Experts are in consensus regarding China’s economic challenges and their long-term solutions. Even the CCP has recognized the necessity for a shift to an economic model that can support more normalized growth. In 2003, former premier Zhu Rongji remarked that his greatest fear was “an overheating economy.” In 2011, China decided to address this worry publically for the first time. The CCP’s twelfth “Five-Year Plan,” published in 2011, stated outright that China had to “have a clear sight of the imbalanced, incompatible, and non-sustainable elements within China’s development.”
In the West, the CCP’s ability to address such concerns has come under serious doubt, fueling the suspicions of commentators who have long-held China is on the brink of collapse. Yet many in the West do not fully grasp Chinese policy itself and the conditions Chinese policy makers face. One example lies in media coverage of China’s “ghost cities.” These newly built, massive, uninhabited real estate developments have been heralded as a sure sign of China’s impending economic catastrophe. Yet, several experts have argued that the ghost cities are not actually the byproduct of an oversaturated real estate market. Instead, they are a solution to a pressing domestic problem: the mass migration of rural Chinese to cities in search of economic opportunity.
China’s developed cities are overflowing with poverty-stricken, undocumented migrant laborers, many of whom must leave their young children and elderly parents at home to fend for themselves. Says Stephen Roach, “Rural urban migration is still running between 15 and 20 million people per year, and China is building new cities to address that need. When Sixty Minutes does an exclusive on ghost cities, they do not follow up with a sequel to show that the ghost cities they warned of are now fully occupied.” Data corroborates Roach’s explanation: a Standard Chartered study found that occupancy rates in three large-scale development projects—Zhengdong’s New District, Zhenjiang’s Dantu district, and Changzhou’s Wujin district—more than doubled between 2012 and 2014. Urbanization is expected to continue in China for the next two to three decades.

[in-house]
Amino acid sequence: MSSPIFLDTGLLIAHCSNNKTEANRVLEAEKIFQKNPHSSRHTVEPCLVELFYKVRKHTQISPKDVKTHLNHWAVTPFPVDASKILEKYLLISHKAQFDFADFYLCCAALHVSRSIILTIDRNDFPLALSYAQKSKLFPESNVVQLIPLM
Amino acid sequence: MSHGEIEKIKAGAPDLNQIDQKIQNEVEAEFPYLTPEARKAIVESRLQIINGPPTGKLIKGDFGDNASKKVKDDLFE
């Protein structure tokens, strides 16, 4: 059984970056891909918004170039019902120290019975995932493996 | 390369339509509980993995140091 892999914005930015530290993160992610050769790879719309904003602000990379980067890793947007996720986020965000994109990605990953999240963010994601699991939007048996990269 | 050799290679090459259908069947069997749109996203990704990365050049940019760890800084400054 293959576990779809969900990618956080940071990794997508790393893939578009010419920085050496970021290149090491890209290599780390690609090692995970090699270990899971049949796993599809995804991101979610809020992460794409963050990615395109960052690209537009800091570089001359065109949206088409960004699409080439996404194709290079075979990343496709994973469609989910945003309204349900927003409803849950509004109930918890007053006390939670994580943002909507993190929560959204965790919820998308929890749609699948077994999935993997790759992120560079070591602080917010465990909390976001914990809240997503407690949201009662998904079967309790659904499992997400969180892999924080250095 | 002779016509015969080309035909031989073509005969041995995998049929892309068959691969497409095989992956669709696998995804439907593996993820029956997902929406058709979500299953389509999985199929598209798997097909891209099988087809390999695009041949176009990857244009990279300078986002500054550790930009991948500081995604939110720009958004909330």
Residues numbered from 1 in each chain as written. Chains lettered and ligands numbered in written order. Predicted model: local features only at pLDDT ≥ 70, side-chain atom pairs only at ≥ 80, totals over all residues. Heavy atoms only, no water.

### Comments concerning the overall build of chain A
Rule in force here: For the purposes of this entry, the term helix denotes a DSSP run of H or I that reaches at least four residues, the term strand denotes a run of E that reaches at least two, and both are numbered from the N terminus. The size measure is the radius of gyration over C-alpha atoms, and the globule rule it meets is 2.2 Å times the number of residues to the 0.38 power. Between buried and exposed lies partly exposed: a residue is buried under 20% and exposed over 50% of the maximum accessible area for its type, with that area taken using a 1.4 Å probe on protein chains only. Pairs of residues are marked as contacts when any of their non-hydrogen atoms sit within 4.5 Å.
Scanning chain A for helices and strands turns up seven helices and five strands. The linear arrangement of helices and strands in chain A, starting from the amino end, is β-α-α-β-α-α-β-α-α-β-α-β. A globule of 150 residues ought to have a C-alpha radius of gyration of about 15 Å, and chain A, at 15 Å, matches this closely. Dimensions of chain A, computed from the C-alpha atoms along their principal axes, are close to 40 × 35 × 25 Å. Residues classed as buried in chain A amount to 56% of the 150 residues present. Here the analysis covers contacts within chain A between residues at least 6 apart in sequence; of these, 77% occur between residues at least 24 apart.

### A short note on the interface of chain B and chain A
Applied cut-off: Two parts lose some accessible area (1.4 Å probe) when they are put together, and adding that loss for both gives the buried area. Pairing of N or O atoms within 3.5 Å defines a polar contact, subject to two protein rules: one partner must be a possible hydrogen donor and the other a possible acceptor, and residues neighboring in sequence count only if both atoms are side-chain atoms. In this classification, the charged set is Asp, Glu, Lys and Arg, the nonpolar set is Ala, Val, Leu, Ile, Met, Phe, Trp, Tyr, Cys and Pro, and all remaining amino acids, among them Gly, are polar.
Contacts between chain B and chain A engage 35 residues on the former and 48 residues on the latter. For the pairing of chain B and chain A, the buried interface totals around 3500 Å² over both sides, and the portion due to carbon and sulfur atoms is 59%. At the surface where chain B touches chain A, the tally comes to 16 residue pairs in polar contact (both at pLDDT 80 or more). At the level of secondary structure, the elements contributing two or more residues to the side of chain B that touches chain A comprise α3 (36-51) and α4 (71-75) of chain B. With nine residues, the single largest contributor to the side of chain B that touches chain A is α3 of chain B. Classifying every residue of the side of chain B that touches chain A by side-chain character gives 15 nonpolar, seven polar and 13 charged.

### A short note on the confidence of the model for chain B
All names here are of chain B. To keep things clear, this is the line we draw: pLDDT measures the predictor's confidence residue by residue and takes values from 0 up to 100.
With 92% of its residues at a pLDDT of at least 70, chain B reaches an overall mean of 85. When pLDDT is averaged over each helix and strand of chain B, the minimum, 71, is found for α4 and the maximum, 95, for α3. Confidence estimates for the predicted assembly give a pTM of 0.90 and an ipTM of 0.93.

The argument over China’s real estate bubble speaks to the difficulties that arise when judging one country’s policies by another’s standards. Any government whose policy is to finance the construction of whole cities and wait for them to fill up is bound to raise eyebrows in a nation built on free market economic principles. But China is still a central command economy and its response to internal migration and urban overcrowding issues reflects a commitment to those principles. Of course, China, in many ways, continues to support capitalism as well. “It’s an absolute contradiction,” says Orville Schell, Director of the Center on US-China Relations at the Asia Society. “State command, centralized economy on the one hand and a marketized free-enterprise system on the other. You can make a judgment on the basis of either systems and it would be both true and wrong at the same time. It makes it very hard to discuss intelligently.”
As China plods along through a messy economic transition, questions about the competence of CCP leaders and the ongoing viability of China’s hybrid economy, not to mention its authoritarian politics, are unlikely to go away anytime soon. Predictions of the economy’s—or the regime’s—imminent downfall are equally unlikely to disappear. But for a regime that has staked its reputation on bringing economic prosperity for nearly four decades, the inevitable growth slowdown is bound to come with uncertainty. This summer’s stock market crash, far from being a harbinger of the coming meltdown, tested public perception of the Party’s absolute control: the market bubble popped and stocks continued to plummet for nearly two months after government intervention. As it has done for four decades, the Communist Party with its unorthodox policies and hybrid economic model lived to see another day.
Will Magliocco is a sophomore at Yale University. Contact him at firstname.lastname@example.org.